In public radio’s mythical Lake Wobegon, “all the women are strong, all the men are good-looking, and all the children are above average.”
The first two conditions are merely unlikely. The third one is a mathematical absurdity. However, a new survey suggests that almost all parents believe it to be true.
In a recent survey of public school parents, 90 percent stated that their children were performing on or above grade level in both math and reading. Parents held fast to this sunny belief no matter their own income, education level, race or ethnicity.
The nationally administered test known as the Nation’s Report Card, or NAEP, suggests a very different reality. About half of white students are on grade level in math and reading by fourth grade; the percentages are lower for African-Americans and Hispanics.
Bibb Hubbard founded the new organization, Learning Heroes, that commissioned the nationwide survey of 1,300 parents of kids in grades K-8. She calls this result “shocking.”
“There is this cognitive dissonance happening,” Hubbard says. “We’ve got to find good, productive ways to educate and inform parents.”
The mission of Learning Heroes is to provide tools and resources to do just that. As new standards, new curricula and new tests are sweeping through schools, they are trying to help parents understand what is expected of students so they can, in turn, help their students succeed.
Morgan Polikoff, who researches K-12 education policy at the University of Southern California, says the “Lake Wobegon effect” is actually no surprise.
“Kids are getting passed on from grade to grade, a large percentage of kids graduate high school on time,” he explains. “So certainly parents have been getting the message for a long time that their kids are doing just fine.”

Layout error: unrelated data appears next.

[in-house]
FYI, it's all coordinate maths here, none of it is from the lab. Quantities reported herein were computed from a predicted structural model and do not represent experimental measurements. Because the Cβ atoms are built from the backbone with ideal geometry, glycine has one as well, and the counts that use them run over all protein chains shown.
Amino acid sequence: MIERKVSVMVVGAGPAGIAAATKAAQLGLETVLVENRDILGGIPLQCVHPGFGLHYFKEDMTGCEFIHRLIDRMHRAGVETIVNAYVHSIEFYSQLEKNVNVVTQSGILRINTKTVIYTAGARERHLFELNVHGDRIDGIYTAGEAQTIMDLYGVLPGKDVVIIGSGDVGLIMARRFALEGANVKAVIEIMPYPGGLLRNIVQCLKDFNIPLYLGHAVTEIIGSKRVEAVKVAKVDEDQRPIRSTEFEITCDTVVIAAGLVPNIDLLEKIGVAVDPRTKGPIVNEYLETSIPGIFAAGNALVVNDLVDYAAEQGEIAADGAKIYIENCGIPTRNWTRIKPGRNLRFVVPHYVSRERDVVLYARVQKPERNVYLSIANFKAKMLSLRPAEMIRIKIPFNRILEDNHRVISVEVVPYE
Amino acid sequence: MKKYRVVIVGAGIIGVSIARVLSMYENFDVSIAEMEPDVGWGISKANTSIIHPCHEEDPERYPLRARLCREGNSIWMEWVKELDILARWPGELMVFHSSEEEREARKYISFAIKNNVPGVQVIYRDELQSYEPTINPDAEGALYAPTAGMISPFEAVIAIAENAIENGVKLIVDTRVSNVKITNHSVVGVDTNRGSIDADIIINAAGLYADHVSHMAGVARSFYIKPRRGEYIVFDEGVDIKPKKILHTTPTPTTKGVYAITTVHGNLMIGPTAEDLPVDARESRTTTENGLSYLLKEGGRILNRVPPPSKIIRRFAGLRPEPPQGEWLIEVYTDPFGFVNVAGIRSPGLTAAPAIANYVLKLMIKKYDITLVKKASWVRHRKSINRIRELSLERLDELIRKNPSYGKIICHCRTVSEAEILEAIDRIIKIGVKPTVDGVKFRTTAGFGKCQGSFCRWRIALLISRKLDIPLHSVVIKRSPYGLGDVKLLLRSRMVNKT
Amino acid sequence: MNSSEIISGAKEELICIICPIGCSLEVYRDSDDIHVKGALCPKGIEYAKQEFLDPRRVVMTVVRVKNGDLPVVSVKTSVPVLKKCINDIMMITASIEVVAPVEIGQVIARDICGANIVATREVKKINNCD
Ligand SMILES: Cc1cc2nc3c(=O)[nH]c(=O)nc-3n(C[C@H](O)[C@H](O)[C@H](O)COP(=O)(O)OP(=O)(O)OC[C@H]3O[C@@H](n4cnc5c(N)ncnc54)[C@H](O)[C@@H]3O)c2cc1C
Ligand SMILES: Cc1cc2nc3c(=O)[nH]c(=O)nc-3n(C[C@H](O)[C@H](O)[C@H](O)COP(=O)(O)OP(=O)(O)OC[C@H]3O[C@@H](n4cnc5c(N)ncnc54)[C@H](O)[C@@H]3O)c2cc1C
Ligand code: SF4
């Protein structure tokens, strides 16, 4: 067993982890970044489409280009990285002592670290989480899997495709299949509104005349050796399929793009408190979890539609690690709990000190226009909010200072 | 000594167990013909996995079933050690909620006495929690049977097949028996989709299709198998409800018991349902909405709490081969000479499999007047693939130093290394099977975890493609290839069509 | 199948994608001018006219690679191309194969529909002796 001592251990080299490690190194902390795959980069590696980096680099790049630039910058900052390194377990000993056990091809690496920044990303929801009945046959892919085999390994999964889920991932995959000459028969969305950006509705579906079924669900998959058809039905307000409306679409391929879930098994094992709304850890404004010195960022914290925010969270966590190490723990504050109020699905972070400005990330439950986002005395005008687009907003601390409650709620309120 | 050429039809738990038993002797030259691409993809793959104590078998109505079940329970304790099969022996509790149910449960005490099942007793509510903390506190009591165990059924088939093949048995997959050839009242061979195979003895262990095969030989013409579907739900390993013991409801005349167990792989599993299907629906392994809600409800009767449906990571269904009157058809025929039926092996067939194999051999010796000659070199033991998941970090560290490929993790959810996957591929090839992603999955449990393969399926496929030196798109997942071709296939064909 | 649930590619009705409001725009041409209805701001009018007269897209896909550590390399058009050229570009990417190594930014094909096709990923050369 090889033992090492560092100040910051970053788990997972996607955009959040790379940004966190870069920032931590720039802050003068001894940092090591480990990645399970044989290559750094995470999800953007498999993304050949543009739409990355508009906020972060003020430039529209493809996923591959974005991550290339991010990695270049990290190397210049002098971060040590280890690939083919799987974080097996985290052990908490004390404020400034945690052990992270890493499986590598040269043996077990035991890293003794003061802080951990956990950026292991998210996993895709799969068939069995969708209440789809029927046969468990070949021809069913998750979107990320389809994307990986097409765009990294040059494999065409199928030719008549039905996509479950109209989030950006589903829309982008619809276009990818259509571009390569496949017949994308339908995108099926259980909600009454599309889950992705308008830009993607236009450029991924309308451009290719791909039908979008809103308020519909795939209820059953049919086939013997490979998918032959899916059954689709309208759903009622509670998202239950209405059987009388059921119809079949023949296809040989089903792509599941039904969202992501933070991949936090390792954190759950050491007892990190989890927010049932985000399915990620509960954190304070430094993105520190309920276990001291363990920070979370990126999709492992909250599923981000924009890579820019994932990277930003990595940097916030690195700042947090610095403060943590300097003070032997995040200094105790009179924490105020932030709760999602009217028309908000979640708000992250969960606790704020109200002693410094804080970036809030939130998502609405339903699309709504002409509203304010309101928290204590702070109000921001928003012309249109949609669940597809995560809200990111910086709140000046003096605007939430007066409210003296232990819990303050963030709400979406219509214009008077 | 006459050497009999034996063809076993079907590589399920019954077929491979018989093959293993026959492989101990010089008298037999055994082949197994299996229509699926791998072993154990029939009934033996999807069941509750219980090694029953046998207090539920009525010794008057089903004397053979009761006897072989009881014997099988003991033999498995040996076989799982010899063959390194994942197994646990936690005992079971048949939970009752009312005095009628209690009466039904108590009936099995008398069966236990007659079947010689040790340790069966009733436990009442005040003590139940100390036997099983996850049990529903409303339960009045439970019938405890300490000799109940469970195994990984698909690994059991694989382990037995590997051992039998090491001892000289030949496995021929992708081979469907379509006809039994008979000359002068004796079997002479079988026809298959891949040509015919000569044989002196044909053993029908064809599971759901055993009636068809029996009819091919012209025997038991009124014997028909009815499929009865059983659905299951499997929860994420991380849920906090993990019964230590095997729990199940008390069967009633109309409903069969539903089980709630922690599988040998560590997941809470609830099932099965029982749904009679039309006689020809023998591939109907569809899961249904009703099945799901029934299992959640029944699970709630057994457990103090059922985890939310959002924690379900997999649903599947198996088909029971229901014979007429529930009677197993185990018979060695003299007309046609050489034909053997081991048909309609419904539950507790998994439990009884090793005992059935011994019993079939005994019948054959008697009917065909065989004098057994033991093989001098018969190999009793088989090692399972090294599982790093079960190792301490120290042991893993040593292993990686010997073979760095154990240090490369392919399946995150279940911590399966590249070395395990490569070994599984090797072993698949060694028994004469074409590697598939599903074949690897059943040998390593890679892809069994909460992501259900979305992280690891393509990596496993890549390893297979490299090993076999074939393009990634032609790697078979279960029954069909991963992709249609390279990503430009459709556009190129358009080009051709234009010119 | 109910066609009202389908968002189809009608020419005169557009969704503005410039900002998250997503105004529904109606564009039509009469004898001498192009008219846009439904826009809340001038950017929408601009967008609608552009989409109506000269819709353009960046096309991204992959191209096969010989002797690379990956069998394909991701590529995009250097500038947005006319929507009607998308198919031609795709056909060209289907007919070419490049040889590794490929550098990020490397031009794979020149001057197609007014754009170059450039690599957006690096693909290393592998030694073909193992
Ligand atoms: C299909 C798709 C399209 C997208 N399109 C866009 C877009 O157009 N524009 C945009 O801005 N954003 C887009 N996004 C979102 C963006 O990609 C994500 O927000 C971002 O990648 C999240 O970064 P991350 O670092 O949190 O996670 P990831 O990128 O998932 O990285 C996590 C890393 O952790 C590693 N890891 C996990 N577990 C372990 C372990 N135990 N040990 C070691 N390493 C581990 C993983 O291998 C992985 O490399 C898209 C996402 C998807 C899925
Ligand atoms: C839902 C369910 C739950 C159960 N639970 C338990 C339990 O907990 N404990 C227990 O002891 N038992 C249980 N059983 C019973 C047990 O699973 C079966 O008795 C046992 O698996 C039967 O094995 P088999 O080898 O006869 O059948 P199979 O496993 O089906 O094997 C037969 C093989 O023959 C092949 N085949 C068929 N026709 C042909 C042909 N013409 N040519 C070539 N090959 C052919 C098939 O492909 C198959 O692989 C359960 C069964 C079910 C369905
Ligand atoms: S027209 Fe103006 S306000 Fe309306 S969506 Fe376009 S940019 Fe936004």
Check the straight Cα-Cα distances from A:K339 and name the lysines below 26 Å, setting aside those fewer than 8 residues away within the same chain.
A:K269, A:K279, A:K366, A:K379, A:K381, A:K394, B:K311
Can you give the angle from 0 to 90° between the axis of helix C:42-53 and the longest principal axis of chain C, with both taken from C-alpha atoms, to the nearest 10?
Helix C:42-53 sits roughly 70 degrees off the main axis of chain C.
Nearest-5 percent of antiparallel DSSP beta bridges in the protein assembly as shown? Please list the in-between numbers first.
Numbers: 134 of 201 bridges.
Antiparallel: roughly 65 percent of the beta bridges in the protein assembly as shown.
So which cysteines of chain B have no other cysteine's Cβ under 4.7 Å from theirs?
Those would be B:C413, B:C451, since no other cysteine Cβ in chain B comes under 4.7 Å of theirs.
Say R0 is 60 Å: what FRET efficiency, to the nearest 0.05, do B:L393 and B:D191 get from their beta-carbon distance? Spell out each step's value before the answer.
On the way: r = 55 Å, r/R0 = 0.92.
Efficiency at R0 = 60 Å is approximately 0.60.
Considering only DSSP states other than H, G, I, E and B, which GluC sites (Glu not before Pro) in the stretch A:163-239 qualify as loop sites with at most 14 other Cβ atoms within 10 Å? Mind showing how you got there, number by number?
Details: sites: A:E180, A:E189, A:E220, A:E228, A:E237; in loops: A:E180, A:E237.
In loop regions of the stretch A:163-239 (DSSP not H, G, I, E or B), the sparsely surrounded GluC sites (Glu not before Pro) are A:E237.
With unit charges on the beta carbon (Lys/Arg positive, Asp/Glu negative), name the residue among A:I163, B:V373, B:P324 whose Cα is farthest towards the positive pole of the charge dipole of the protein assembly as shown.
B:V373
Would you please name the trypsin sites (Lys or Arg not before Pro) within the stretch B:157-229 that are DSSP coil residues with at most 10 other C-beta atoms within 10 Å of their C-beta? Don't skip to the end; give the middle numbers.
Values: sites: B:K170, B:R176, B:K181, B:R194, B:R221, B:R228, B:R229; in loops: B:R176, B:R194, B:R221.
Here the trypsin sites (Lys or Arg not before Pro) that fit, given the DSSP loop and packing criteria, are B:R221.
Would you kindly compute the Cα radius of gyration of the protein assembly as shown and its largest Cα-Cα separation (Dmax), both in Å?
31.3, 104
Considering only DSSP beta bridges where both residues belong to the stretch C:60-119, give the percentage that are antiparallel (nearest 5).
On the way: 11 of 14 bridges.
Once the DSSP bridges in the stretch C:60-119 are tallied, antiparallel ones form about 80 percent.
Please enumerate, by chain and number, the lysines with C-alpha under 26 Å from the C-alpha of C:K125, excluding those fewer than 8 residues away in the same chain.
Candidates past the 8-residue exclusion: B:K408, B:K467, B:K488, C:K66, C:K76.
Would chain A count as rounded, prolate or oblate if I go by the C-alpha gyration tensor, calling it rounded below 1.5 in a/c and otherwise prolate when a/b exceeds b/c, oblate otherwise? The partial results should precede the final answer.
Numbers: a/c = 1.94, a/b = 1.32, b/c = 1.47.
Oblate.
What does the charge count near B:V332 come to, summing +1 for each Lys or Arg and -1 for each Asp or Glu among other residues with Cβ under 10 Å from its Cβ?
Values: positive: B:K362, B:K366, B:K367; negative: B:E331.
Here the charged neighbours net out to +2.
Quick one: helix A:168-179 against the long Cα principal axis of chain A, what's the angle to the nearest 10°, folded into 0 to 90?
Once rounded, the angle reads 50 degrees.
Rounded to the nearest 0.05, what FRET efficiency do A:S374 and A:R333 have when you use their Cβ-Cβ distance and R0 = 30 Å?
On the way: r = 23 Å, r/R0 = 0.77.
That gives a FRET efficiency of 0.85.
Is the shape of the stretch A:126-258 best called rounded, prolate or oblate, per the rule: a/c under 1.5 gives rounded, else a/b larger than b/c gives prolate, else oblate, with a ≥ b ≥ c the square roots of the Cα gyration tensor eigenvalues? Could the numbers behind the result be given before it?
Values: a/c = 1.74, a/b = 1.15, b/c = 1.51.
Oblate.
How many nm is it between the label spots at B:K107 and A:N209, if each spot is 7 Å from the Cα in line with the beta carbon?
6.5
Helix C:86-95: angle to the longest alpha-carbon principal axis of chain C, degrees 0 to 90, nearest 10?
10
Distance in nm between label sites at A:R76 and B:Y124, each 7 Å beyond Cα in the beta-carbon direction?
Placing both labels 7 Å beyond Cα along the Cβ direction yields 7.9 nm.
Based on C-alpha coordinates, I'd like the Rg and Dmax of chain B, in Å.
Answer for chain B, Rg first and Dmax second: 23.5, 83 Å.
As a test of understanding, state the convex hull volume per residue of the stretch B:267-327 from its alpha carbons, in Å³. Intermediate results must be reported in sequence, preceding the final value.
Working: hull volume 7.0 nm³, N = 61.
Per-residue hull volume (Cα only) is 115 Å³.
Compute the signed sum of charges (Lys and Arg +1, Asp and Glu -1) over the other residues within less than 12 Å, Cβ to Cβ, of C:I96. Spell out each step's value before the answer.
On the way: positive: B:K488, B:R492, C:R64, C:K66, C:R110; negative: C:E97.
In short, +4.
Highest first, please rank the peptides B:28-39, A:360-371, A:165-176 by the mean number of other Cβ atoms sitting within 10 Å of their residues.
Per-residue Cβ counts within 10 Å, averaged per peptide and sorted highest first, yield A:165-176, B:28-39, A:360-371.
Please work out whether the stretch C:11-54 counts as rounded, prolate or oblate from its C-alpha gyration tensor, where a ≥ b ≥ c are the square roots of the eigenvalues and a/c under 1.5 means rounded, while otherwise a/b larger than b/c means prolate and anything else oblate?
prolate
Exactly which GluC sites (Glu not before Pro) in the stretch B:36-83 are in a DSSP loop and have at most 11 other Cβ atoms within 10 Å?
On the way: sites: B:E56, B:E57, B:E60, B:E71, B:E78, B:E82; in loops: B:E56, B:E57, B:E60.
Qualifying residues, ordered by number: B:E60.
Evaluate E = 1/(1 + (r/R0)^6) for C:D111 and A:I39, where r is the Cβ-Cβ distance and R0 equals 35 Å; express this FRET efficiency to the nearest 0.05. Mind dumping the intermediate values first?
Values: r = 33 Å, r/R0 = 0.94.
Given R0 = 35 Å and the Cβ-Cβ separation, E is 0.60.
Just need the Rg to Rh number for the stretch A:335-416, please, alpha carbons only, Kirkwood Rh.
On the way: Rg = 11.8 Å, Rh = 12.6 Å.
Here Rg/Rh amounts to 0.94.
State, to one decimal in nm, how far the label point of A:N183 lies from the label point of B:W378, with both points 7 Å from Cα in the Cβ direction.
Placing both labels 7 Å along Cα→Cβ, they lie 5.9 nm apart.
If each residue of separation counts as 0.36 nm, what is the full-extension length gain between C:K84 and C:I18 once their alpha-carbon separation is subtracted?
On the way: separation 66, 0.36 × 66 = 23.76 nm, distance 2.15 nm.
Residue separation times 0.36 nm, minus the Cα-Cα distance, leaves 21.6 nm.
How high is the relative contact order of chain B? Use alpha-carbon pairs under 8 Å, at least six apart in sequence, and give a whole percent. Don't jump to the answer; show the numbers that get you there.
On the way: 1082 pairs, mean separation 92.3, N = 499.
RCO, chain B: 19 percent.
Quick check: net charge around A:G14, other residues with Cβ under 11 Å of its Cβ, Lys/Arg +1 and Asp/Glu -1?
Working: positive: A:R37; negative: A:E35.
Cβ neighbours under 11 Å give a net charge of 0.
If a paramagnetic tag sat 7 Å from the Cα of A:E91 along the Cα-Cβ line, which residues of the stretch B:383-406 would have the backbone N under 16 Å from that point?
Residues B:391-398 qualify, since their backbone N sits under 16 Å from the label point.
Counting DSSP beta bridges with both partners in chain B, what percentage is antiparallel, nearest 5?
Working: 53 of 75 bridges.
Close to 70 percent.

In fact, the high school graduation rate is over 80 percent, and fewer than 2 percent of students are held back a grade, so perhaps parents can’t be blamed for thinking their own kids are at least on par with their peers.
Polikoff points out that on the other hand, the grade-level standards on the NAEP could be seen as “ambitious.” But most state tests don’t show 90 percent of kids performing on grade level, either — not even close.
But, he adds, the disconnect between parent perceptions and test scores is still “a problem.”
First of all, many high school graduates must take remedial classes when they get to college, and the college graduation rate is relatively low.
“It also could be an equity problem,” says Polikoff, noting that “the gaps between reality and perception” are larger for African-American and Hispanic parents than for others.
The Common Core, Polikoff points out, once offered the prospect of having most students around the country take the same annual tests aligned to the same standards. This might have made it easier for parents to compare and build a general understanding of what it means to be “on grade level.” But the reality in the past few years has been messier: states adopting, then abandoning the Core, and joining, then leaving, the two official Common Core testing consortia, Smarter Balanced and PARCC. So there is less of a critical mass behind any one test. Even passing or “cut” scores can change from year to year.
The solution Hubbard offers is more about people than test scores. “Build deeper relationships and ask tougher questions of your student’s teachers,” she suggests. “Instead of the teacher just saying, ‘He’s a great kid,’ ask, ‘Is he reading on grade level?’ ”